It is sad to report that while the Korean populations love this stuff, I hate it. Well, “hate” may be a strong word: “thoroughly dislike it” may be the better term. During my first-ever trip to South Korea, while my credit with my hosts soared after I ate dog and declared it to be most delicious (and I wasn’t being polite), it crashed when I made it also very clear that kimchi was revolting. What to do, the perils of cultural exchanges.

It’s actually puzzling that I don’t like kimchi, because I looooove sauerkraut or, to give it its French name under which I first got to know it decades and decades ago, choucroute. Aah, those most magnificent choucroutes garnies of my youth, sauerkraut served with pork chops and various sausages, with boiled potatoes on the side!
image
If I close my eyes, I can still remember, still taste in my mouth, a truly wonderful sauerkraut which I had on a German ferry boat carrying a bunch of us from school to Germany (we were on our way to do two weeks of “military service”, required of all of us by our high school, with a British tank regiment stationed near Hannover; but I digress, these fond memories being triggered no doubt by the lingering taste of that truly epochal sauerkraut).

As I say, it is indeed puzzling that I don’t like kimchi, because sauerkraut is also cabbage-based and is subjected to exactly the same procedure of brining followed by a fermentation at the hands (as it were) of lactobacilli. What is going on here?

After some thought, I have concluded that the paste is to blame. Actually, I think this is a no-brainer. I mean, what else is different between the two? My problem with kimchi has to reside in the paste. My first thought was that the paprika was the culprit. As I have written in no uncertain terms in an earlier post, I can’t stand hot spices, and the paprika in the kimchi certainly doesn’t endear me to the dish. But my problem with kimchi goes deeper than the burnt-out mouth it gives me. Below that lurks another problem, a problem of bitterness. One or more of the other ingredients in the kimchi is changing the taste from the sour of sauerkraut to the bitter of kimchi. I’m afraid I will never know which it is until I do some scientific experiments in the kitchen, making fermented cabbage and varying the ingredients it is pasted with. I can therefore cheerfully add sauerkraut/kimchi to the list of foodstuffs which I will try making when I have retired, and I will report back if and when I find the solution.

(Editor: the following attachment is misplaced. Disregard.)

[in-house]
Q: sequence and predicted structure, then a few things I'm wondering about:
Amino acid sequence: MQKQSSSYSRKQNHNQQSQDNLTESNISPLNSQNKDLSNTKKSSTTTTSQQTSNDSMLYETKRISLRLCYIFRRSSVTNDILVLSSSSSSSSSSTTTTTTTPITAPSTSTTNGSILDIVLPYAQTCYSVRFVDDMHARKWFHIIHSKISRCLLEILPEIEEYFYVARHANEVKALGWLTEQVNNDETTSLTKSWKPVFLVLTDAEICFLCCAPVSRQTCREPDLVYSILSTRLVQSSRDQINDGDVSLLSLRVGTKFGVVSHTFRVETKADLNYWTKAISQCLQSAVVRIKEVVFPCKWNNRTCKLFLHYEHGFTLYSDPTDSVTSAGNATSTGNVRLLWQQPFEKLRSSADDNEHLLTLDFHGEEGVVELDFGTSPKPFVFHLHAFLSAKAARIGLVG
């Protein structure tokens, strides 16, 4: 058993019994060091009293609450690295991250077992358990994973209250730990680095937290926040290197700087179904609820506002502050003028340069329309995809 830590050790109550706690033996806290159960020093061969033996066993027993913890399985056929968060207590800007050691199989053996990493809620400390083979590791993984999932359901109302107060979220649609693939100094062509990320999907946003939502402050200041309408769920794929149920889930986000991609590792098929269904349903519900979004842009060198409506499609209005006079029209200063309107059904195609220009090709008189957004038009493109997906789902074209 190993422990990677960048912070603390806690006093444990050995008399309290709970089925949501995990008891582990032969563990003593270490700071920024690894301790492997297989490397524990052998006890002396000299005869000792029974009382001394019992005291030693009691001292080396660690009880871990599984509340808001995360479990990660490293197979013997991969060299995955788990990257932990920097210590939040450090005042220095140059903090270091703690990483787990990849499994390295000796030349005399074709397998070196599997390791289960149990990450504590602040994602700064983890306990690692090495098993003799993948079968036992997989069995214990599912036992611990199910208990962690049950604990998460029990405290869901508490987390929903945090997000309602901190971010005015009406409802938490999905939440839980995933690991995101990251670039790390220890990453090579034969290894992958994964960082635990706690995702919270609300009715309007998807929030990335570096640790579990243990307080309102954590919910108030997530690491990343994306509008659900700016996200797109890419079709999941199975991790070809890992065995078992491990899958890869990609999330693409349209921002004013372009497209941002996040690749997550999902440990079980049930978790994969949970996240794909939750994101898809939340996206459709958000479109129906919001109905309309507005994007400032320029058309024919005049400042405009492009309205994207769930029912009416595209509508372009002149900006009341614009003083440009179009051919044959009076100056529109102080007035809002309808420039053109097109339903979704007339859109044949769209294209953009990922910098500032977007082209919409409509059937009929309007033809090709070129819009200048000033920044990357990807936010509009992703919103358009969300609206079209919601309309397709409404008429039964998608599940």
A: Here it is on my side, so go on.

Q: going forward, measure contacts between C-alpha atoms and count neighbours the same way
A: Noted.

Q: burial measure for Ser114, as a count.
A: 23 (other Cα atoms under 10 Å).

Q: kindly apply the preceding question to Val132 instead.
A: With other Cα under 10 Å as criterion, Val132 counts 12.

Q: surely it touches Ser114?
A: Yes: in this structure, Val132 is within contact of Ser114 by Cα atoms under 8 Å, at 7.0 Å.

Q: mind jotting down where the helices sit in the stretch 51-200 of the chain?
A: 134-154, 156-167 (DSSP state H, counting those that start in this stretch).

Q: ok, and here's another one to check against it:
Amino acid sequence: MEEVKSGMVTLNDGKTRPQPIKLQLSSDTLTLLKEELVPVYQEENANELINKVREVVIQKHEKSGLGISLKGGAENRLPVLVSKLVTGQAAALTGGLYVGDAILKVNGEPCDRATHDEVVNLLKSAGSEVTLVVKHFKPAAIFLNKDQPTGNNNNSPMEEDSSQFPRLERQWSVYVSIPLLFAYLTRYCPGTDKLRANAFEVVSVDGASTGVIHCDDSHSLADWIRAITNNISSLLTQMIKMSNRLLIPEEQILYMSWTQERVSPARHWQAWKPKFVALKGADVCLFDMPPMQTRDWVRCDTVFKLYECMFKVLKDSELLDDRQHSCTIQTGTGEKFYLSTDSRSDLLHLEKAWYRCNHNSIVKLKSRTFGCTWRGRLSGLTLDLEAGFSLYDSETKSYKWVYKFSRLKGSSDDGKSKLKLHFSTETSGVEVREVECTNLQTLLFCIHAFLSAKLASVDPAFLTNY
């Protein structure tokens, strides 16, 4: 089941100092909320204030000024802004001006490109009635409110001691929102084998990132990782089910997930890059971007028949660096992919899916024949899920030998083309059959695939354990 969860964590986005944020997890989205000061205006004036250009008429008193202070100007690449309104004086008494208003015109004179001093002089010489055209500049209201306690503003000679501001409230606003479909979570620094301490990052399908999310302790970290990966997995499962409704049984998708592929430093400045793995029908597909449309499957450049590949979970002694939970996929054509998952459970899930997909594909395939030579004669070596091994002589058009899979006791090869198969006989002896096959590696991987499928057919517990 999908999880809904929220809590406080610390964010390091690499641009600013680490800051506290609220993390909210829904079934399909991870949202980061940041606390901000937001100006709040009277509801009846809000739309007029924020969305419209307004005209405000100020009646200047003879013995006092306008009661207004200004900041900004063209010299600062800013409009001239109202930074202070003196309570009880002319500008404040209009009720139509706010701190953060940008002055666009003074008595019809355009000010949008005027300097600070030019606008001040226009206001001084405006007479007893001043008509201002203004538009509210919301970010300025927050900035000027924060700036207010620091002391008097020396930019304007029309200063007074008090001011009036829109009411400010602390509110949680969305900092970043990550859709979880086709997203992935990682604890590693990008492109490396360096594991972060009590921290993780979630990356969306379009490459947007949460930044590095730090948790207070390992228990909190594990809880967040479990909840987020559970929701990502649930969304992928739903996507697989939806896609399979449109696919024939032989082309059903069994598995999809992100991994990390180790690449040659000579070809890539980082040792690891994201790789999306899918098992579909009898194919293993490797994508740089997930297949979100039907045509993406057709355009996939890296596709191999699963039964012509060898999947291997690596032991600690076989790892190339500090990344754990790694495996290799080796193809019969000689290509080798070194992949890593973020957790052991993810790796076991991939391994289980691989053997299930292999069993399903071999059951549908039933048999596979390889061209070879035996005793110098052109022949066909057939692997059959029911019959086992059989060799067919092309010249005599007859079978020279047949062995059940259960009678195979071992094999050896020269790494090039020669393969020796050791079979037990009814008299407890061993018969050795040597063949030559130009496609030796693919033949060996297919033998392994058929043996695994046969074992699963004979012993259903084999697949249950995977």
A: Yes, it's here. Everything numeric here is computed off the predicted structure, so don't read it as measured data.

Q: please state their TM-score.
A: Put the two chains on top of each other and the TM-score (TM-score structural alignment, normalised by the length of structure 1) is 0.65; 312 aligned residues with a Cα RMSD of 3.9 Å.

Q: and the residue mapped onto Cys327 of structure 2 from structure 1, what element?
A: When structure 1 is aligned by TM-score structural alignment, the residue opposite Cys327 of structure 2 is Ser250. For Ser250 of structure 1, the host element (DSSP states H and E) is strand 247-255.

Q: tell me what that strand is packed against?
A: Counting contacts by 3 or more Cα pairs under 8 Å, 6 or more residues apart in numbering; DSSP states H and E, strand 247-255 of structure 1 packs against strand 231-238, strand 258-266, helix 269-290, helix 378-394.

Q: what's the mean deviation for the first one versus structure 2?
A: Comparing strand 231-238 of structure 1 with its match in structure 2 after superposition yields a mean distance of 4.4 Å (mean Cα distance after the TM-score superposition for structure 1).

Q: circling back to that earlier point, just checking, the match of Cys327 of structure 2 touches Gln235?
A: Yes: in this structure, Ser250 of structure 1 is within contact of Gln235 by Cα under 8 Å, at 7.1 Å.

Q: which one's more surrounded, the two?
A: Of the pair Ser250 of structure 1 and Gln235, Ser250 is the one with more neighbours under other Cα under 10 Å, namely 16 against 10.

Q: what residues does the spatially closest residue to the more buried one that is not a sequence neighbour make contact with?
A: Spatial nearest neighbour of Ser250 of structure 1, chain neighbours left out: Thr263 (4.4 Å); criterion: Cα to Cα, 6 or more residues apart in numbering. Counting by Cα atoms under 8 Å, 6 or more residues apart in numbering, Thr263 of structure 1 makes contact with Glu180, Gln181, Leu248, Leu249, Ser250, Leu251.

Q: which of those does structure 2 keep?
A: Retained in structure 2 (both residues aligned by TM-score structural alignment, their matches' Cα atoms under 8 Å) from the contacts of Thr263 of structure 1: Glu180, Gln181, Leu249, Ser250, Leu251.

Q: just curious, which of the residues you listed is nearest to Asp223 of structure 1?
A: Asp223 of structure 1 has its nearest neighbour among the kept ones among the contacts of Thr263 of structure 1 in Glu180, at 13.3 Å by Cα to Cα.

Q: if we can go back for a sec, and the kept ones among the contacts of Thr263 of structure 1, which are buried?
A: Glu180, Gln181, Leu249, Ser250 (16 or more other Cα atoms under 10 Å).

In the meantime, all this writing about sauerkraut has given me a serious desire to eat some. I need to send an urgent message to my wife, who is excellent at searching the Internet, asking her to identify a restaurant where we can eat a half-decent choucroute garnie in Bangkok.

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Kimchi pots: http://www.lovethatkimchi.com/Kimchi_Pots/Onggi.html
Kimchi: http://www.surakoreancuisine.com/koreas-greatest-food-kimchi/
Choucroute garnie: http://www.foodandwine.com/recipes/choucroute-garnie

HORSE AND DONKEY

Beijing, 1 March 2013

So The Europeans have their knickers in a twist about horsemeat in their beef, while the Kenyans are up in arms because donkey meat is being passed off there as beef. OK, it’s not correct to sell one thing under the guise of another, but horsemeat and donkey meat are actually really good. I first had donkey meat in a little restaurant along the Naviglio Grande, one of Milan’s canals